“It’s a constant exercise in just being at peace with this is my history. This is my music, this is what I did.” The rapper born Jaime Meline but more commonly known as El-P is reflecting on his three solo albums, the first of which dropped in 2002 and all of which have been recently reissued on vinyl by Fat Possum. Though he’s spent most of the last decade as one half of the incendiary duo Run The Jewels alongside Atlanta rapper Killer Mike, El-P’s solo releases document the years just after the New York City producer and MC left the crucial mid-’90s trio Company Flow to establish his influential label Definitive Jux and wield his individual artistic clout.
The three records arrived in five-year intervals: 2002’s Fantastic Damage, I’ll Sleep When You’re Dead in 2007, and finally 2012’s Cancer4Cure. And while, according to El-P, that precise timing was “just this random sort of weird numerological occurrence,” the distance between each record now casts each release as a revealing waypoint in his journey through life. “It had this effect of keeping it fresh for me, because every time I was dropping a record, I’d kind of shed the skin of who I was,” he says. “If you’re taking a thousand snapshots of yourself during one year of your life and that’s your artistic outlook, it’s going to be a bit of a narrow scope. So when I looked back on the records, I could really hear the difference in where I was in my head and know what I had been through.”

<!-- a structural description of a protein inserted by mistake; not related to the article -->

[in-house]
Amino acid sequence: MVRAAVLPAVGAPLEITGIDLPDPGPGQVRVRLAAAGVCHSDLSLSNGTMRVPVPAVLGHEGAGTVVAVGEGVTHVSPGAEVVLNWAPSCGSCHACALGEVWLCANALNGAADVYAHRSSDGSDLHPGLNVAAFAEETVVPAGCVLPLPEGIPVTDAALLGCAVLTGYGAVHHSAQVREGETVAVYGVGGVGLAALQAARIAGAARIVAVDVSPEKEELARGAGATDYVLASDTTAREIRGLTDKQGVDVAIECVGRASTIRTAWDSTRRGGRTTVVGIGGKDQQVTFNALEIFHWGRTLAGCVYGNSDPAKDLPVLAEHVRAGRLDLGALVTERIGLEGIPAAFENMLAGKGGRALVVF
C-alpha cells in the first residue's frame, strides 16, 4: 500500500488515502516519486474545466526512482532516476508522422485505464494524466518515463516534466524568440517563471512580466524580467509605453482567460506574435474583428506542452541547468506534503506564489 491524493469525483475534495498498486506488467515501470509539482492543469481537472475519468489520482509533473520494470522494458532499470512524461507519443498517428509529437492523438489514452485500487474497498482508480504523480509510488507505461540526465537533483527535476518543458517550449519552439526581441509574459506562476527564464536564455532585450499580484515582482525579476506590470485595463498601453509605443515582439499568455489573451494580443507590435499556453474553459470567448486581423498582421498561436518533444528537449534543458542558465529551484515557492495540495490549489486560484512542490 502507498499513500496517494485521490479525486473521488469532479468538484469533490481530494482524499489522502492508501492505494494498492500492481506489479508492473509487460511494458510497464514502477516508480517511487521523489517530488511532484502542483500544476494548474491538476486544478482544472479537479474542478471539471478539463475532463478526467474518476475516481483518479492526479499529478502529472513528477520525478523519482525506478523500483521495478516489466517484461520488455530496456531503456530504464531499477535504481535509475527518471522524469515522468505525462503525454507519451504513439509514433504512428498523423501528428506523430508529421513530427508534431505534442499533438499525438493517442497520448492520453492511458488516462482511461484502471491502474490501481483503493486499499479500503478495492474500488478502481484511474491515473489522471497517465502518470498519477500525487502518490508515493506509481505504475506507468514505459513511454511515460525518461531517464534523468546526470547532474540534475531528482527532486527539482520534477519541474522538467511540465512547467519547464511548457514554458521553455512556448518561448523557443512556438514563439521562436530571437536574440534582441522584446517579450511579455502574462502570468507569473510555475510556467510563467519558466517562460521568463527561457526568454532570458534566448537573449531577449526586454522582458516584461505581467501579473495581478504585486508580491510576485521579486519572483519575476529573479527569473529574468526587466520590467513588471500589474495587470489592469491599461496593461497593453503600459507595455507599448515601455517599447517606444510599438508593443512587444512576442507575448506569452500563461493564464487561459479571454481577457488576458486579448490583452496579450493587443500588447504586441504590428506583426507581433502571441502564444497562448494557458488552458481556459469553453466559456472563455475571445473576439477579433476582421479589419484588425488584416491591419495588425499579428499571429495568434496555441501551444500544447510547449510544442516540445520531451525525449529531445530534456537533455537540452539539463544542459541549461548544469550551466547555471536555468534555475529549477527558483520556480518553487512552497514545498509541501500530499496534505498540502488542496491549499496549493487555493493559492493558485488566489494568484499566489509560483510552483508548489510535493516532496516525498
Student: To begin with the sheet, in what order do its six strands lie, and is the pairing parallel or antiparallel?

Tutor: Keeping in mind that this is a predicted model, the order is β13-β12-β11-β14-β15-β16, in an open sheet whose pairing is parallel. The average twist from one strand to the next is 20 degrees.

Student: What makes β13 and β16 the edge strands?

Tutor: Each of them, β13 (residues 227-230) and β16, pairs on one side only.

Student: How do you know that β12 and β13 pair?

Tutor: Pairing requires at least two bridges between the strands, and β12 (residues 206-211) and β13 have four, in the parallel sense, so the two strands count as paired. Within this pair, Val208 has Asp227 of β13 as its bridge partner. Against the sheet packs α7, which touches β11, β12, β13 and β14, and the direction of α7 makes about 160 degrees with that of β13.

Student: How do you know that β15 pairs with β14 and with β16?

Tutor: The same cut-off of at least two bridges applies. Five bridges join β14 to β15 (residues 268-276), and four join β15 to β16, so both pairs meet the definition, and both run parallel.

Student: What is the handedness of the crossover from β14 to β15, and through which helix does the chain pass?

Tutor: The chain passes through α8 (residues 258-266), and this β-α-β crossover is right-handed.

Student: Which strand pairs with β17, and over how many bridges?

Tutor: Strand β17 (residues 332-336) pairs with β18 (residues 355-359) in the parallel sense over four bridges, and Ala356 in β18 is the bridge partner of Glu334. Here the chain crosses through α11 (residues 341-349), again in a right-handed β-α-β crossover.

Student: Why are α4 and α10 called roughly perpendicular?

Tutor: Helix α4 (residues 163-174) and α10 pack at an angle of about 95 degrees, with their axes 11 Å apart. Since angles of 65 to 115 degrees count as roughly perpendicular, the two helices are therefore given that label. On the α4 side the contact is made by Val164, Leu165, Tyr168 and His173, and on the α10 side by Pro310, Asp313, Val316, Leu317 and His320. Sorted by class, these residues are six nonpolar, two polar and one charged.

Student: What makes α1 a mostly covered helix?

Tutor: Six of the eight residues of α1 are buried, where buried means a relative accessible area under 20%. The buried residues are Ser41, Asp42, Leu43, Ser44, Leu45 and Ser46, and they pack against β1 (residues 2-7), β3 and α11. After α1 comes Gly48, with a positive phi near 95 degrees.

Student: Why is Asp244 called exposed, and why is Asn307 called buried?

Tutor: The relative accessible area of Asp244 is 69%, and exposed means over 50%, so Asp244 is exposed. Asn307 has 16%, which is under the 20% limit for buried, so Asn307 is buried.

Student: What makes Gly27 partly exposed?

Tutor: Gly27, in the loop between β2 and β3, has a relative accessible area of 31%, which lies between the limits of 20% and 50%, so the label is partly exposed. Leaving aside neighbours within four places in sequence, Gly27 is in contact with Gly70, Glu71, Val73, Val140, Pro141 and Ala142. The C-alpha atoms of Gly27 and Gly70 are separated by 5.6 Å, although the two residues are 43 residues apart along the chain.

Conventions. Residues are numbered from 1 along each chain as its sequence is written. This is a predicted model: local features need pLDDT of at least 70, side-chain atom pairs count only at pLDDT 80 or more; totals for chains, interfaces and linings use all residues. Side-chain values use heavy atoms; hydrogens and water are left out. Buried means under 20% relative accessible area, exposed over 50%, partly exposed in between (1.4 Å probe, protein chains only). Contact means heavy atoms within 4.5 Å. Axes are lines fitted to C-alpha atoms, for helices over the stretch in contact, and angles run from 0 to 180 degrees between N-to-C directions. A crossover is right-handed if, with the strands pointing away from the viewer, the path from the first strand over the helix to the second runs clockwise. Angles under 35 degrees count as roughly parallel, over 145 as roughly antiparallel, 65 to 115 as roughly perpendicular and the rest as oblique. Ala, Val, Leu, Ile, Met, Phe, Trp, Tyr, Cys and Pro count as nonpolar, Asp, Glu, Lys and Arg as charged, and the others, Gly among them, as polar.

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At the time of Fantastic Damage, El-P admits that he had no interest in recording a solo album. “I really just wanted to be in a group, be in Company Flow, but that whole shit fell apart and so I was for the first time grappling with my life,” he explains. “So I figured, ‘If I’m going to do a solo album it should sound different to Company Flow.’ When that faucet got turned on, a lot of shit came out. It was a very specific time: It was the first geyser of personal information and thought and all of the shit that I had really not approached in my music.”
Fantastic Damage is powered by blitzkrieg production that recalls the intensity of the Bomb Squad’s sample-heavy wall-of-sound, embellished with a nervy sci-fi aura. The abrasive sonics are matched by a lyrics in which the unshackled MC rails at his old label Rawkus (“Deep Space 9mm”), romps through a dystopian future world (“Dead Disnee”), and rolls out a series of sarcastic barbs at MCs and capitalist power structures alike.
“I look at that album as a sort of wild articulation of everything that was in my head at that time,” says El-P. “I had no filter, no ability to edit myself whatsoever—I had no interest in that. I look back at that with a little bit of awe, because I don’t relate to that artist anymore in the same way. In terms of what I did in my craft and what I’ve headed towards, I’ve really strived to get into a different zone and be a little bit more precious with my words—more succinct.”
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Five years later, I’ll Sleep When You’re Dead followed the industrial punch of Fantastic Damage with a grander conceptual outlook swathed in sheets of celestial melodics. Heavily influenced by El-P’s home city but set in the fantasy world of Poisonville, the album stretches into life with the epic, seven-minute opener “Tasmanian Pain Coaster,” a song where graceful-but-ominous waves of synths collapse into a crunching hip-hop/prog-rock coda.